Walsh said: "He knew that I am an advocate of DNA upon arrest, that 21 states have DNA upon arrest. Every state collects DNA of convicted criminals, but only 21 states collect DNA upon arrest. He asked me several questions about that. I said that in the 21 states where they collect DNA when you get arrested for a serious felony and you get fingerprinted and you get you mug shot, that those states collect DNA. And that as a result of DNA collection, 200 innocent people have been released from jail.
Walsh added, "I’ve always said that DNA is the fingerprint of the 21st century. It convicts the guilty and frees the innocent. I was very surprised that he said to me, 'John, I share the same sentiment that we should have a national DNA database, that every state should collect DNA upon arrest. And if that person’s DNA is collected and they’re not convicted of that crime that, that DNA be expunged in a timely manner, but that it would solve thousands and thousands of old cold crimes, primarily against women and children, rapes and child molestation.' "
President Obama's segment is a small part of the show on Saturday night. Walsh noted that in 1000 shows they had captured 1,108 individuals in 35 countries.
The American crime show is collaborating with Interpol, Scotland Yard, as well as every law enforcement agency in the country. Walsh adds, "We caught more people last year than any year prior. We’ve had more requests to do cases than ever. I think the show is a testimony to our viewers worldwide who’ve kept this show on the air."
The current case of Chelsea King was broached in the phone interview:
"The president and I talked about the murder of Chelsea King in San Diego. The outrage of the public in that area and the parents to say how could this guy, John Gardner, even be at large, the alleged murderer of Chelsea. Why did he only serve five years for a brutal kidnapping, beating and rape of a 13-year-old girl? He is now the suspect in another case that I profiled on America’s Most Wanted, Amber Dubois, a 14-year-old girl that’s been missing over a year. I think he knows exactly what happened to that little girl. He’s also the suspect in an attempted rape and murder earlier in December of last year, a few months ago."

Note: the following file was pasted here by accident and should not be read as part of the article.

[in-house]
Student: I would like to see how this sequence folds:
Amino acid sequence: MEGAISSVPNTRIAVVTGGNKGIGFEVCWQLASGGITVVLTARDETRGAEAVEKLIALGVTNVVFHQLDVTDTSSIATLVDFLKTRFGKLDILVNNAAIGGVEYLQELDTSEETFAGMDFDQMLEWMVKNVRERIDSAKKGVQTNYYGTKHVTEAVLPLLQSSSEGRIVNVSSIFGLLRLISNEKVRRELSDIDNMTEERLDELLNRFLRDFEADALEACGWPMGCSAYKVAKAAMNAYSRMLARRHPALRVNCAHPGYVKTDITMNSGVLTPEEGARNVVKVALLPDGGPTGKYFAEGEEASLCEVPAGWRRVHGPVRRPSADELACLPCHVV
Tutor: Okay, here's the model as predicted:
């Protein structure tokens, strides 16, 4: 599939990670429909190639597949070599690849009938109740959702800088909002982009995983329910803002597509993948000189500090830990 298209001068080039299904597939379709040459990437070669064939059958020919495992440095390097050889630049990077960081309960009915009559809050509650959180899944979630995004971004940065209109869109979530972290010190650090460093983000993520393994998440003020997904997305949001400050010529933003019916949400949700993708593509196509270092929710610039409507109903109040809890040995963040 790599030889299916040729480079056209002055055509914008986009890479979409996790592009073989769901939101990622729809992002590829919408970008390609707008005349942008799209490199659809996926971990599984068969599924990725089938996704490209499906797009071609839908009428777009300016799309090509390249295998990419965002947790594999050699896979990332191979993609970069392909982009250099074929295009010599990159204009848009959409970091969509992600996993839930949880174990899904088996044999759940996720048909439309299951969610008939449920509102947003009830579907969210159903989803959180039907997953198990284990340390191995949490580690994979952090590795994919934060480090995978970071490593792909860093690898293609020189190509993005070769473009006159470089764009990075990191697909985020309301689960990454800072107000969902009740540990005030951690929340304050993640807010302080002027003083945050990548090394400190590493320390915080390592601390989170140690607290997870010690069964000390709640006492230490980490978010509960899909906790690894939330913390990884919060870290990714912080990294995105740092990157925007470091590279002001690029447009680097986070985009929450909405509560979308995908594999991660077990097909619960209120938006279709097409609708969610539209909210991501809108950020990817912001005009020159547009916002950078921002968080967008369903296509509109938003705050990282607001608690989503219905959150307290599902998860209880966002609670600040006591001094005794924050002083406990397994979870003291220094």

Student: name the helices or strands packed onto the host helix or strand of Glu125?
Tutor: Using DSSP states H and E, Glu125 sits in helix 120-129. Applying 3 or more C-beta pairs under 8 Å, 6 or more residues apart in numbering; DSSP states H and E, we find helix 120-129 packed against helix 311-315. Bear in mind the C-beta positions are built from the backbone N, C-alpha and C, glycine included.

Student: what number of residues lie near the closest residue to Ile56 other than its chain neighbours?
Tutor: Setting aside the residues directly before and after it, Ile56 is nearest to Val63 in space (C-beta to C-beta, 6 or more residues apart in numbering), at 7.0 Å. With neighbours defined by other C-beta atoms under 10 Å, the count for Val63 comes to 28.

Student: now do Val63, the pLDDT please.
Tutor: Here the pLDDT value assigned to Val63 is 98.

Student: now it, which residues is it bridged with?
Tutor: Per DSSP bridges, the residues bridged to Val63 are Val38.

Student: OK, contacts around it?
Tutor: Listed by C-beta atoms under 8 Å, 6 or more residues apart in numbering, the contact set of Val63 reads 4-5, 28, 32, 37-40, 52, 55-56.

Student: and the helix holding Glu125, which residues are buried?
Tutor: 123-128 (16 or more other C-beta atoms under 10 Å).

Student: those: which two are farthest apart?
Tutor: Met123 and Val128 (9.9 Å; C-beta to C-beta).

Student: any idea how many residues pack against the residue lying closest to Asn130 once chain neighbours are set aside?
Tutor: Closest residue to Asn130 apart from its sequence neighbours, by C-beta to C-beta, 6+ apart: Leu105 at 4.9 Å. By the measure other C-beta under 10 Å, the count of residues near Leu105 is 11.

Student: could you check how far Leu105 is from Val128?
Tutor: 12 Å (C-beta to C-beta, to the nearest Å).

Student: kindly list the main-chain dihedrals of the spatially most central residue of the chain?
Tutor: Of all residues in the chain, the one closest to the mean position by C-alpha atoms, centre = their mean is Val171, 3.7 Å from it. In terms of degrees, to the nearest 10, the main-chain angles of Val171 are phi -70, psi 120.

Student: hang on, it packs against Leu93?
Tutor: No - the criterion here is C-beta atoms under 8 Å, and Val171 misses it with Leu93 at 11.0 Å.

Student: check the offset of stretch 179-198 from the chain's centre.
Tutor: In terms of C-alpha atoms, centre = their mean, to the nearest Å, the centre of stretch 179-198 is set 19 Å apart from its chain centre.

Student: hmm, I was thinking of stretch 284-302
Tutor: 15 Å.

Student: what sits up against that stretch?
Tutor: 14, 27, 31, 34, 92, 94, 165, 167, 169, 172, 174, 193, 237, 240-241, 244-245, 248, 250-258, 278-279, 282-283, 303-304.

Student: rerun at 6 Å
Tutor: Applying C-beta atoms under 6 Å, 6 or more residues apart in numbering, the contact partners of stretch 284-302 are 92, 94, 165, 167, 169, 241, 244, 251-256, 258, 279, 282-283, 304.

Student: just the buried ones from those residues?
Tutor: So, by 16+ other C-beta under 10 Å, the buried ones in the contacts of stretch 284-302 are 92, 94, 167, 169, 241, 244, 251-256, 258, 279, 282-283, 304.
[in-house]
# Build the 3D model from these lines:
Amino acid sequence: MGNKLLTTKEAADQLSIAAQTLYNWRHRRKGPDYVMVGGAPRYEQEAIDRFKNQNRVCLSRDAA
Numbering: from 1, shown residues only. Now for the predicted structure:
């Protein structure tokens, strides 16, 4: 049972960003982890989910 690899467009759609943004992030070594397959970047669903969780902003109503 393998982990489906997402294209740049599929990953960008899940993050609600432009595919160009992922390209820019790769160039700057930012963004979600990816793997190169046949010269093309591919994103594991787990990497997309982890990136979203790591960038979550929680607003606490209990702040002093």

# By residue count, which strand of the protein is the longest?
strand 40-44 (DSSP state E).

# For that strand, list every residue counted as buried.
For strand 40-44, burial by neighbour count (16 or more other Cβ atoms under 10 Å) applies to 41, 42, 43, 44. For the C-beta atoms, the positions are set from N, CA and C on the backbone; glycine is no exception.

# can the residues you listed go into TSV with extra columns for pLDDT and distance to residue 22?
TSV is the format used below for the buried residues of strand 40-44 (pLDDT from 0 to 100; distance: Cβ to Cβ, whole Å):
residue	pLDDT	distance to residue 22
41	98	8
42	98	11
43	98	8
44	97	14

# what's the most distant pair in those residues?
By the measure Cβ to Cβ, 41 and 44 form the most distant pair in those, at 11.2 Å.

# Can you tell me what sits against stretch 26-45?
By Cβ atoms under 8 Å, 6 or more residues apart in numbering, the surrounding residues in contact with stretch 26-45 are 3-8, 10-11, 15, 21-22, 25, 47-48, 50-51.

Walsh brought up the Garrido incident to President Obama: "President Obama and I talked about that case and about the outrage that Phillip Garrido could have ever been let back into society and that how a parole officer had never gone in his house all those years, he was a level three sex offender, checked his computer for child pornography or even looked in his back yard. They would have found Jaycee Dugard back there with the two children that she bore after he raped her repeatedly. So we discussed some serious issues and I think a lot of good will come out of the meeting with President Obama."
Monsters and Critics spoke to John Walsh about the King case and his life's work:
Congratulations on getting this legislation funded. My first question is specific to the King case. We elect district attorneys. They are on our ballots and often times people see a name. They sort of vaguely remember it. They’re not sure who it is. They vote. They don’t know. I cannot find who the district attorney was in 2000 for the Gardner case when Dr. Matthew Carroll, the court psychiatrist, who told the court that Gardner was, in fact, a danger to society and the DA still let him go. Will you "out" these bad district attorneys and politicians on your show?
J. Walsh: I think, first of all, April, thank you for your question. It probably in looking into it, it is the judge who mandated the sentence. Sometimes the DAs make a deal with the judge or with the victim’s families. But I think that this judge had an option to sentence him to three different sentences. He picked the middle road sentence.